When you hear about things like horse show competitors who can’t ready their own horse, water withheld from horses so they are calmer for their riders, lunging to exhaustion in the early hours, and the many other ills associated with competition, you might wonder what kind of future is in store for the horse business.
The future is what we make it. You, as a riding instructor, can influence what the next generation of riders do with what you teach your students today. If you teach these 10 things to your students, you will positively affect the horse business in the future.
Learning basic grooming should be part of the curriculum for every riding student. How to use a currycomb, brush and a hoof pick correctly is the minimum a student needs to know. Teach them why grooming is important, and that it isn’t just taking the horse to the wash rack and hosing him down. Let them learn how to pick up a horse’s hoof and dig out the manure. Show them what a well-shod hoof and a barefoot hoof look like. Explain what shoes are for and how often the horse needs shoeing. They may become rusty, but farther down the road, when they compete and have prep help, they will still know what it takes to groom a horse.
Not only should you teach students how to tack and un-tack their horse, all riders should learn to do the basic safety check. Have them safety check one another for practice. Give them the tools to know if their horse is tacked correctly. And teach them how to correctly put equipment away. If you do this for your students now, they are less likely to be caught in a situation where they can’t saddle their own horse.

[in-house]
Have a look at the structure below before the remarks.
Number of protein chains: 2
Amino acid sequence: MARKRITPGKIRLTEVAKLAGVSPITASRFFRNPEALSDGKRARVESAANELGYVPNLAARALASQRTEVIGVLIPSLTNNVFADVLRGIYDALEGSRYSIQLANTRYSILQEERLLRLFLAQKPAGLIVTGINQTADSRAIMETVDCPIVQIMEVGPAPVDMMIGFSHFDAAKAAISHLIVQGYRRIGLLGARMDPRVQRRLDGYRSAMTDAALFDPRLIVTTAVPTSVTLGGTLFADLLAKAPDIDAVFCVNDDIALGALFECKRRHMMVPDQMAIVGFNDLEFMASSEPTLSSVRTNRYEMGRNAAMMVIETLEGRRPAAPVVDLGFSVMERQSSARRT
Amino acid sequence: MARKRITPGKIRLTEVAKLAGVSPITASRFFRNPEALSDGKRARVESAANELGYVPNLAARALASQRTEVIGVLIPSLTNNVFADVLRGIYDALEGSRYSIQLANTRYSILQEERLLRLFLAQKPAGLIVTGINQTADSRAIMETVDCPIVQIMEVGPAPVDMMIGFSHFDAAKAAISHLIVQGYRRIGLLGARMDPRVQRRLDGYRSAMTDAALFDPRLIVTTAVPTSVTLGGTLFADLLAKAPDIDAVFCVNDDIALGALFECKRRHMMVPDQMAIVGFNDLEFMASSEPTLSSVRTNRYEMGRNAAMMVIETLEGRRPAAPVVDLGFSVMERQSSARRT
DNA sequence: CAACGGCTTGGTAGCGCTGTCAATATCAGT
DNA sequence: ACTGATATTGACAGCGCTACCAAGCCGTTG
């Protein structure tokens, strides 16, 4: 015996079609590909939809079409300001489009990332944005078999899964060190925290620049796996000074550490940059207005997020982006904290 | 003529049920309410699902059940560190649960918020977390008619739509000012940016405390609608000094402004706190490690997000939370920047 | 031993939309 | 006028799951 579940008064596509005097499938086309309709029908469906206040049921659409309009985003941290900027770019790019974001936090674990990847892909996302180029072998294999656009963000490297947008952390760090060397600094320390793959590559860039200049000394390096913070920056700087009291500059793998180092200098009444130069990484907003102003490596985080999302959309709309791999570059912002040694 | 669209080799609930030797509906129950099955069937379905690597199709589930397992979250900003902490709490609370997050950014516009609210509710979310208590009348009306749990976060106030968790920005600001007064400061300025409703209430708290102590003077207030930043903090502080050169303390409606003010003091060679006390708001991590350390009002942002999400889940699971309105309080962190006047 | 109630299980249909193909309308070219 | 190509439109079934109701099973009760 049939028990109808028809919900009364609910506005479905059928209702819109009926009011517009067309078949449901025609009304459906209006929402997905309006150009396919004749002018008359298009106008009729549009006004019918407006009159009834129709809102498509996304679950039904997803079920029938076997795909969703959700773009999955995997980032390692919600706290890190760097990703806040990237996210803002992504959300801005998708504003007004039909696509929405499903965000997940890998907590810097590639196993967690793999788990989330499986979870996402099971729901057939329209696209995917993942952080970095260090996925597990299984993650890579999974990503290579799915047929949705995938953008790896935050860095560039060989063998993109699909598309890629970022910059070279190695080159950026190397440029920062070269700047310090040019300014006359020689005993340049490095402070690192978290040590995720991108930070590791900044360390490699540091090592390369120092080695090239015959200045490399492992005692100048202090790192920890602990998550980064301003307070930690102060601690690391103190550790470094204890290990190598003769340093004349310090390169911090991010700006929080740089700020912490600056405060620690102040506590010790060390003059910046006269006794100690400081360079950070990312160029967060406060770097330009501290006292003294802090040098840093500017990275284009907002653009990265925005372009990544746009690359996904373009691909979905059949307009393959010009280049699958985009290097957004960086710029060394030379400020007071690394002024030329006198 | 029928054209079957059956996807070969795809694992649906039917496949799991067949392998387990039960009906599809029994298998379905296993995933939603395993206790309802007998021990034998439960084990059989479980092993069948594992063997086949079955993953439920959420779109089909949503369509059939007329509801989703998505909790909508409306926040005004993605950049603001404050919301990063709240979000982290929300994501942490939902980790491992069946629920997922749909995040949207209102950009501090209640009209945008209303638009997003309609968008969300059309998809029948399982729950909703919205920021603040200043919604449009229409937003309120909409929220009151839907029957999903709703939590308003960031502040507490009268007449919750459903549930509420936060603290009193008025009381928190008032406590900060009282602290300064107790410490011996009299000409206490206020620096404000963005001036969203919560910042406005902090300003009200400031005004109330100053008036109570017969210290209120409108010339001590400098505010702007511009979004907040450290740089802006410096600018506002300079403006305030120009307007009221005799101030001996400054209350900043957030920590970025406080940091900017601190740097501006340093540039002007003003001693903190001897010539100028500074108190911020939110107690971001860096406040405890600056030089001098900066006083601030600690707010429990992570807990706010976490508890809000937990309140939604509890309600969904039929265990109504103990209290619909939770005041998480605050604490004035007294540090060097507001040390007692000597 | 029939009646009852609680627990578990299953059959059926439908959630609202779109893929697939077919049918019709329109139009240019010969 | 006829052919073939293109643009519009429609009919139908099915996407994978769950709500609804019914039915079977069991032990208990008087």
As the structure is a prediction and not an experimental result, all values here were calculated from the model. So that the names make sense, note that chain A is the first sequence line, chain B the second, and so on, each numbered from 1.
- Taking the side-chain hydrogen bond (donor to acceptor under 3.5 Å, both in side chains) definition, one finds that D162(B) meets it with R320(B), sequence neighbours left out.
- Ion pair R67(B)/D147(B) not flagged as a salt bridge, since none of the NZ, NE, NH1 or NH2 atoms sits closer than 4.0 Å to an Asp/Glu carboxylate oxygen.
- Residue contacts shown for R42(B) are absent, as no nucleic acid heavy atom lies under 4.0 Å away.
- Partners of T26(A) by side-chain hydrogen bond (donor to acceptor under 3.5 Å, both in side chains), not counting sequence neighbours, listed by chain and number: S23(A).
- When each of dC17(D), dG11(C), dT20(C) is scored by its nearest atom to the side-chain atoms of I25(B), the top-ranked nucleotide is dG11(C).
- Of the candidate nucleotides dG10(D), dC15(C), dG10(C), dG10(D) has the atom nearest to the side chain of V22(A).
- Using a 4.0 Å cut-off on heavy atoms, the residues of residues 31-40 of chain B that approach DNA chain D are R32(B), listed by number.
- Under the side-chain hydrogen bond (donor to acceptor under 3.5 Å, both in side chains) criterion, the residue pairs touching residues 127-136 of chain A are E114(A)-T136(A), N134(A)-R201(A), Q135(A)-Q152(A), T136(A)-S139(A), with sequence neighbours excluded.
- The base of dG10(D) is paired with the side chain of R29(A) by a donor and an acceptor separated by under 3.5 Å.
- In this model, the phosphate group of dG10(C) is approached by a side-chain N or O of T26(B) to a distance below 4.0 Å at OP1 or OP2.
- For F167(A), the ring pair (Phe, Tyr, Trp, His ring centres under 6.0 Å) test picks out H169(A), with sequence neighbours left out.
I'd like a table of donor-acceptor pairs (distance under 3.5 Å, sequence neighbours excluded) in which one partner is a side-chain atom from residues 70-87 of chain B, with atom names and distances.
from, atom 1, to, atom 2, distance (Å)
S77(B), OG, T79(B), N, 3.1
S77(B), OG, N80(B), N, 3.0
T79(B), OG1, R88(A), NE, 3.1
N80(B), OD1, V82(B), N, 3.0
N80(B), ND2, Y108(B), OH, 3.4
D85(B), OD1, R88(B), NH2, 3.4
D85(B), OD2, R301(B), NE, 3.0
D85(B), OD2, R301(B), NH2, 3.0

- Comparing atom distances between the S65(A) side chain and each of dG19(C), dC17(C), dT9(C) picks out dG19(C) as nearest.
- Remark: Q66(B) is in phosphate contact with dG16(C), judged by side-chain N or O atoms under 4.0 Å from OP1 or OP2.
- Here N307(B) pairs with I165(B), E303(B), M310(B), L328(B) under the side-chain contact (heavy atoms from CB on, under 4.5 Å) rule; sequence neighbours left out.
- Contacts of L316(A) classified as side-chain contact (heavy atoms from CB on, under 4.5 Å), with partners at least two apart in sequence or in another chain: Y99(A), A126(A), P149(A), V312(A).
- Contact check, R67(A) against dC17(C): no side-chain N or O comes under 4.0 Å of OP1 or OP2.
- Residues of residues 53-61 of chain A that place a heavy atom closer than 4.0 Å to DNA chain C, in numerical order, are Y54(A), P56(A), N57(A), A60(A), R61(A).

3. Basic Horse Care
Teach your students horse care from feed and water, to correct warm up and cool down. Teach them how to turn a horse out and what the horse needs to stay healthy and fit.
Teach them how to clean tack. Have them take a saddle and bridle apart and then reassemble it until they are competent. Then let them refit the equipment to the horse so they know what to look for. Educate them about basic bits so they know what they have in their horse’s mouth. Is it a leverage bit, a snaffle, a gag? How do these bits differ from each other and what do they do?
5. Basic First Aid and TPR
How can you tell if a horse is sick? Teach basic first aid, including the signs and types of colic. Once they learn about impaction colic, they’ll know one reason it’s bad to withhold water from a horse. Teach cold hosing and simple wound care and what to do if they need to call the vet. And teach them how to take the horse’s vitals. Let them practice. Equineink.com has a good post on TPR with videos.
Equip your students with the ability to take care of their horse.
6. Longeing (lungeing)
Teach them the fundamentals of lungeing, including why you lunge, how long to lunge, and how to lunge. Teach them about the damage lungeing incorrectly can cause. Show them the benefit of a properly lunged horse.
7. A Solid Basic Riding Foundation
A solid foundation carries a rider into the future. It gives them something to build on. If you don’t pass this on to your students, who will carry it into the horse world? Teaching the basics is crucial in passing on knowledge.
Some days I wonder where sportsmanship has gone in all kinds of sports.
Have you read the Sportsman’s Charter? This came from the opening pages (Page OP-2) of the 2022 USEF rulebook.
It gives a person something to think about. How many equestrians read this code? How many live by it?
THE SPORTSMAN’S CHARTER
That sport is something done for the fun of doing it and that it ceases to be sport when it becomes a business only, something done for what there is in it;